Peterson: Notes on GOATs |

Peterson: Notes on GOATs

Mikaela Shiffrin concentrates at the start of the first run of a World Cup giant slalom, in Sestriere, Italy, Saturday, Dec. 10, 2022. Shiffrin recently received the 2023 Beck International Award.
Gabriele Facciotti/AP

Mikaela Shiffrin isn’t so sure about this whole GOAT thing. She recently told an interviewer that she doesn’t consider herself the GOAT of alpine skiing and that she finds the moniker, um, “interesting.”

“The meaning behind it is insanely flattering, but all I can really see is like a picture of a baby goat screaming or like baby goats running around,” she said. “For me, that’s the image that pops up.”

For the rest of the world, the image that pops up when it comes to the greatest ski racer of all time is Mikaela Shiffrin.

Or simply Mikaela.

She’s achieved single-name status among the likes of Mia, Serena, Messi, Brady and Jordan.

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Just don’t ask her to explain what makes her transcendent, or why she’s just that much better than the best skiers in the world. She’s too humble, too modest, too self-effacing to waste considerable energy on the one thing that everyone else wants to talk about.

How does one turn into a GOAT? By not fixating on it. Shiffrin, like other greats, is process-focused, not results-oriented. She’s absolutely dedicated to her craft, the first on the mountain for training and the last off. She’s a gym rat who binges tape of training runs for breakfast, lunch and dinner, always focused on finding a faster line between two gates.

But maybe even more than some of the other GOATs in the club, she’s figured out that wins aren’t everything, that happiness isn’t tied to World Cup globes and Olympic medals.

Let the experts and historians decide what it all means — how to quantify her routine excellence. Shiffrin, it seems, is more focused on being a great human, a loving sister and daughter, and a selfless partner and teammate.

For all of the stories about her superhuman powers on skis, there are more about her legendary kindness, her willingness to connect with young fans and to help lift up her teammates, coaches and support staff, always without fanfare. Or to not take this thing called life too seriously.

Speaking of the greatest, if it’s not obvious, here’s how you end the debate when someone claims anything other than Vail as the best ski hill on the planet.

Just politely ask this question: Which mountain has produced the world’s greatest skiers?

And, yes, that’s skiers — plural. You don’t arrive at Shiffrin without first bringing up Lindsey Vonn, the toughest to ever do it, and the GOAT emeritus who set the standard for Shiffrin to chase. Before Shiffrin smashed Ingemar Stenmark’s 34-year-old World Cup wins record this year on the same track where she claimed her first win, it was Vonn who came the closest to Stenmark’s mark of 86, finishing just four wins shy.

That 71 of Vonn’s 82 World Cup wins across five disciplines came in the speed events, including 43 downhill wins, is insane.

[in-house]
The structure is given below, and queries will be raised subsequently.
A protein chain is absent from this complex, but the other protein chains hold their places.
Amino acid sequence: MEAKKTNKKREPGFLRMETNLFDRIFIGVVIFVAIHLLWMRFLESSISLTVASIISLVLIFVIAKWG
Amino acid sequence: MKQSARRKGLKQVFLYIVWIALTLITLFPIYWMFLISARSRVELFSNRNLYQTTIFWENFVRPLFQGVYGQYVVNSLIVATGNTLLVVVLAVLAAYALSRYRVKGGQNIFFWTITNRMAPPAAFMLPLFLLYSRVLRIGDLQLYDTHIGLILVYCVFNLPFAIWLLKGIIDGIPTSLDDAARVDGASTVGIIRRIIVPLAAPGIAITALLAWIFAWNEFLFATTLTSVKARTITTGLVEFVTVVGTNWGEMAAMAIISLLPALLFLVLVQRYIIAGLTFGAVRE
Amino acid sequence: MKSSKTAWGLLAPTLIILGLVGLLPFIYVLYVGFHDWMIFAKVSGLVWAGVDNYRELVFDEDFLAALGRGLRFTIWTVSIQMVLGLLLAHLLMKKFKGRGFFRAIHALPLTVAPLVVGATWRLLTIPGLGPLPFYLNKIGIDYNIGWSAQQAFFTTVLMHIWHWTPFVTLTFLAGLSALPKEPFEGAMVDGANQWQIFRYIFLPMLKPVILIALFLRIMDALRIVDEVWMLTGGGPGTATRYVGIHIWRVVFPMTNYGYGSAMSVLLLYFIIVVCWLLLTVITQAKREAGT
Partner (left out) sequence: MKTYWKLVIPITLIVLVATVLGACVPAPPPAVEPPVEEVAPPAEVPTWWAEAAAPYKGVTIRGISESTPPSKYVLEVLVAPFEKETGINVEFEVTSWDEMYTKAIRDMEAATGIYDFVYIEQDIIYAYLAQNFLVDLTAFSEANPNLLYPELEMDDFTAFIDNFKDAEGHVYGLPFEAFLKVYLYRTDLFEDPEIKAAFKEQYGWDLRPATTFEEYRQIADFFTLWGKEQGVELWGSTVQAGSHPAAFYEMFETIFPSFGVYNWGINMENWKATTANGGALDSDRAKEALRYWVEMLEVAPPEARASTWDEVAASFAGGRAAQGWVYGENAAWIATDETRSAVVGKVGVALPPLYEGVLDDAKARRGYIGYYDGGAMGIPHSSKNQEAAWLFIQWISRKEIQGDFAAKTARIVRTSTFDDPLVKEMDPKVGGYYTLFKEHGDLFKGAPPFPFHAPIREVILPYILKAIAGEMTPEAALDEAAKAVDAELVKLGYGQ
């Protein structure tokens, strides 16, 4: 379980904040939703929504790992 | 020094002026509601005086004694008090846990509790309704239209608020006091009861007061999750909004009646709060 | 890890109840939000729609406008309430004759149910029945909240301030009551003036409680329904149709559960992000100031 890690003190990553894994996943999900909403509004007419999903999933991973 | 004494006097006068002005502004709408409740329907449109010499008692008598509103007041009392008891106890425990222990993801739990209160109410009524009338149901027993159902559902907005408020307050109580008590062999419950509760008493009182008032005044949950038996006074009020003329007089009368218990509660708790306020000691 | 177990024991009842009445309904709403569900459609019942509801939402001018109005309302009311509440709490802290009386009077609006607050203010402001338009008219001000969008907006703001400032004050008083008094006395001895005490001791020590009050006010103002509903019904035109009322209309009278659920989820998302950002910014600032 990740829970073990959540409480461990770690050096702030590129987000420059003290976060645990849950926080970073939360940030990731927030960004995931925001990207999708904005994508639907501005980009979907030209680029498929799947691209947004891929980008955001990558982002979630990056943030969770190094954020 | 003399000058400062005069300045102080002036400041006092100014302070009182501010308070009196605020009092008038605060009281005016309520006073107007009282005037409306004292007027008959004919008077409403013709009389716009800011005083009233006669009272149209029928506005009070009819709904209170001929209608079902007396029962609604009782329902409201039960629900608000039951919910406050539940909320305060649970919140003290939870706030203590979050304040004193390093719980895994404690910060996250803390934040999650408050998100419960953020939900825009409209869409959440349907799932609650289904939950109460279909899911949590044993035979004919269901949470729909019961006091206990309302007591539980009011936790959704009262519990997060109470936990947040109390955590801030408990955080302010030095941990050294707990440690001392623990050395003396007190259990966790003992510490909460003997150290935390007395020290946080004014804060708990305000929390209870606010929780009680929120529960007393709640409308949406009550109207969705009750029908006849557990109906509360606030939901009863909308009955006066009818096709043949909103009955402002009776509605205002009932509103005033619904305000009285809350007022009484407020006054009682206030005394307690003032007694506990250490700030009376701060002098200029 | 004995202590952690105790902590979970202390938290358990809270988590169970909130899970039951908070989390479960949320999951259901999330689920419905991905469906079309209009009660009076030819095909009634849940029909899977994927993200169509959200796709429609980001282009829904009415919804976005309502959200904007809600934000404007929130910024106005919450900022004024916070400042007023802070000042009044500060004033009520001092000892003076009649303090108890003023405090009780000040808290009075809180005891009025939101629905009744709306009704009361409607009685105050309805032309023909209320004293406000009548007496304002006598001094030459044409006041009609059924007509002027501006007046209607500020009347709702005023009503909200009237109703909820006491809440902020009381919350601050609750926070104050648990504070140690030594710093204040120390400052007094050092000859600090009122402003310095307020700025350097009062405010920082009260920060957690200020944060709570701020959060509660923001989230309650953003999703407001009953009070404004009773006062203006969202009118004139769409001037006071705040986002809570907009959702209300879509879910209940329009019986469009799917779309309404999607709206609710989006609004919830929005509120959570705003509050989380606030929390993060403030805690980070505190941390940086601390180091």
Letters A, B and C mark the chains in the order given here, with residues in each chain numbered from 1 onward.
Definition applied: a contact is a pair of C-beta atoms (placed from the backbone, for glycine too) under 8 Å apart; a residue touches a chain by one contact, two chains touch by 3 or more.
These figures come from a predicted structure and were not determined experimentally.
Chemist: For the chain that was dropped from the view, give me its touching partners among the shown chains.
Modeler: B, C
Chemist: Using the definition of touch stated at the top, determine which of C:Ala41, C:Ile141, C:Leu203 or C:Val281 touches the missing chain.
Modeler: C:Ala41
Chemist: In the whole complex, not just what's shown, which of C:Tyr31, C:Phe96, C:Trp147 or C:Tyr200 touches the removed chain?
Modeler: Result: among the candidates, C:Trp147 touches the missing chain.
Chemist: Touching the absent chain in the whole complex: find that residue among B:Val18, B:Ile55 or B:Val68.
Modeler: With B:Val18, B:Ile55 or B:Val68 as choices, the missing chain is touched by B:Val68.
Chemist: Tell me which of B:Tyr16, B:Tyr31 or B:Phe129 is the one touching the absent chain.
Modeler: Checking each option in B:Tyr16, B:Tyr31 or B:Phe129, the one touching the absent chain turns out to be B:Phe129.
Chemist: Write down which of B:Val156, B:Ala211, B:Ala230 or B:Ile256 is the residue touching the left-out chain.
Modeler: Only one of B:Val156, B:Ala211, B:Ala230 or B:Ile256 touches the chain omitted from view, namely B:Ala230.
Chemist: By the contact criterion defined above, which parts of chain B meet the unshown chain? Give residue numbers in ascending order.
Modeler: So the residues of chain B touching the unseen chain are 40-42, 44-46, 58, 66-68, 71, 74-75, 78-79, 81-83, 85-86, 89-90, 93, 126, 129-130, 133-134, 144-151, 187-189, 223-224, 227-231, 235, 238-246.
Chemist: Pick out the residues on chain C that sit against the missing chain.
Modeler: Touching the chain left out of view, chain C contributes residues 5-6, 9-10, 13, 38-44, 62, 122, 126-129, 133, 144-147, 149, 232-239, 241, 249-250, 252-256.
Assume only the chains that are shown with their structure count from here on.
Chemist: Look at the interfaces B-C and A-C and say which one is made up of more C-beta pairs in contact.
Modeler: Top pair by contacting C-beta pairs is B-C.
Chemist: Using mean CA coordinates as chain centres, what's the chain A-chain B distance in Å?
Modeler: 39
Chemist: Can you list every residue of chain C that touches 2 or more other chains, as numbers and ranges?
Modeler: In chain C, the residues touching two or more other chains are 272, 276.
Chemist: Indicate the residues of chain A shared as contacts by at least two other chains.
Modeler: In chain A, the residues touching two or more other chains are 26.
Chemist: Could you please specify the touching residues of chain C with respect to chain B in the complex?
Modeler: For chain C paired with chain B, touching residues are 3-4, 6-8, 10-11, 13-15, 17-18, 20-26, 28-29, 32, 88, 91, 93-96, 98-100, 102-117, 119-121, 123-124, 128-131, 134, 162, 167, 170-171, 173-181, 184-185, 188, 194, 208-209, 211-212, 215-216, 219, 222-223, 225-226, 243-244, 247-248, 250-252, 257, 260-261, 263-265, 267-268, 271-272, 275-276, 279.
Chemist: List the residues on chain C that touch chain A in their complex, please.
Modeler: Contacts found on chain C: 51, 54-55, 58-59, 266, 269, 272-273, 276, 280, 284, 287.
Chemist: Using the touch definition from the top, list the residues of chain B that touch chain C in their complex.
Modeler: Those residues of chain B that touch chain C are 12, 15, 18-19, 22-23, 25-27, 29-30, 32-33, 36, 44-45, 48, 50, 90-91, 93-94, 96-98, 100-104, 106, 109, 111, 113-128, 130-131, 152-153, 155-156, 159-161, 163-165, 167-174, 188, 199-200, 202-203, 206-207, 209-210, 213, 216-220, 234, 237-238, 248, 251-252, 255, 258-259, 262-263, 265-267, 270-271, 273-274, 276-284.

Lindsey Vonn, right, celebrates her third place with Sweden’s former ski great Ingemar Stenmark after a women’s downhill race, at the alpine ski World Championships in Are, Sweden, on Feb. 10, 2019.
Marco Trovati/AP

That Stenmark picked up all of his 86 wins in the two tech disciplines of slalom and giant slalom, and wasn’t comfortable going above 75 mph on skis, well, ask yourself: What’s more impressive?

Vonn lived for tearing down a mountain at interstate speeds, and was the first to strap on men’s skis so she could go even faster. In retirement, just for fun, she took on the challenge of being the first woman to ski the legendary Hahnenkamm — the world’s gnarliest downhill track — in the dark, no less.

A ski town, first and always, Vail is where these two uniquely talented skiers grew from young prodigies in the local ski club into Olympic champions and World Cup overall winners.

This is where GOATs grow up.

“We’re somewhat unique here because unlike most of the other ski places in Colorado that were mining or ranching towns, we’re a ski town,” Pete Seibert Jr., the son of Vail’s founder, told the Vail Daily back in November. “That’s what we started as and that’s what we’ve been. And I think in the early years there was always some question as to authenticity, but now it’s been 60 years. This is who we are.”


And, today of all days, we get to celebrate that legacy by honoring the best to ever do it by giving Shiffrin the hero’s homecoming she deserves. We hope you enjoy this special commemorative edition of the Vail Daily, filled with fantastic writing, photography and design.

And we can’t wait for what’s next for Shiffrin, who, after she broke Stenmark’s record last month in Sweden, said this:

“I still had the same feeling at the start of this run that I have every race — I shouldn’t feel pressure, but somehow I feel something in my heartbeat. That’s the anticipation we want to feel as ski racers and I have it — it’s stronger than ever. I’m just getting started.”

Nate Peterson is the editor of the Vail Daily. Email him at

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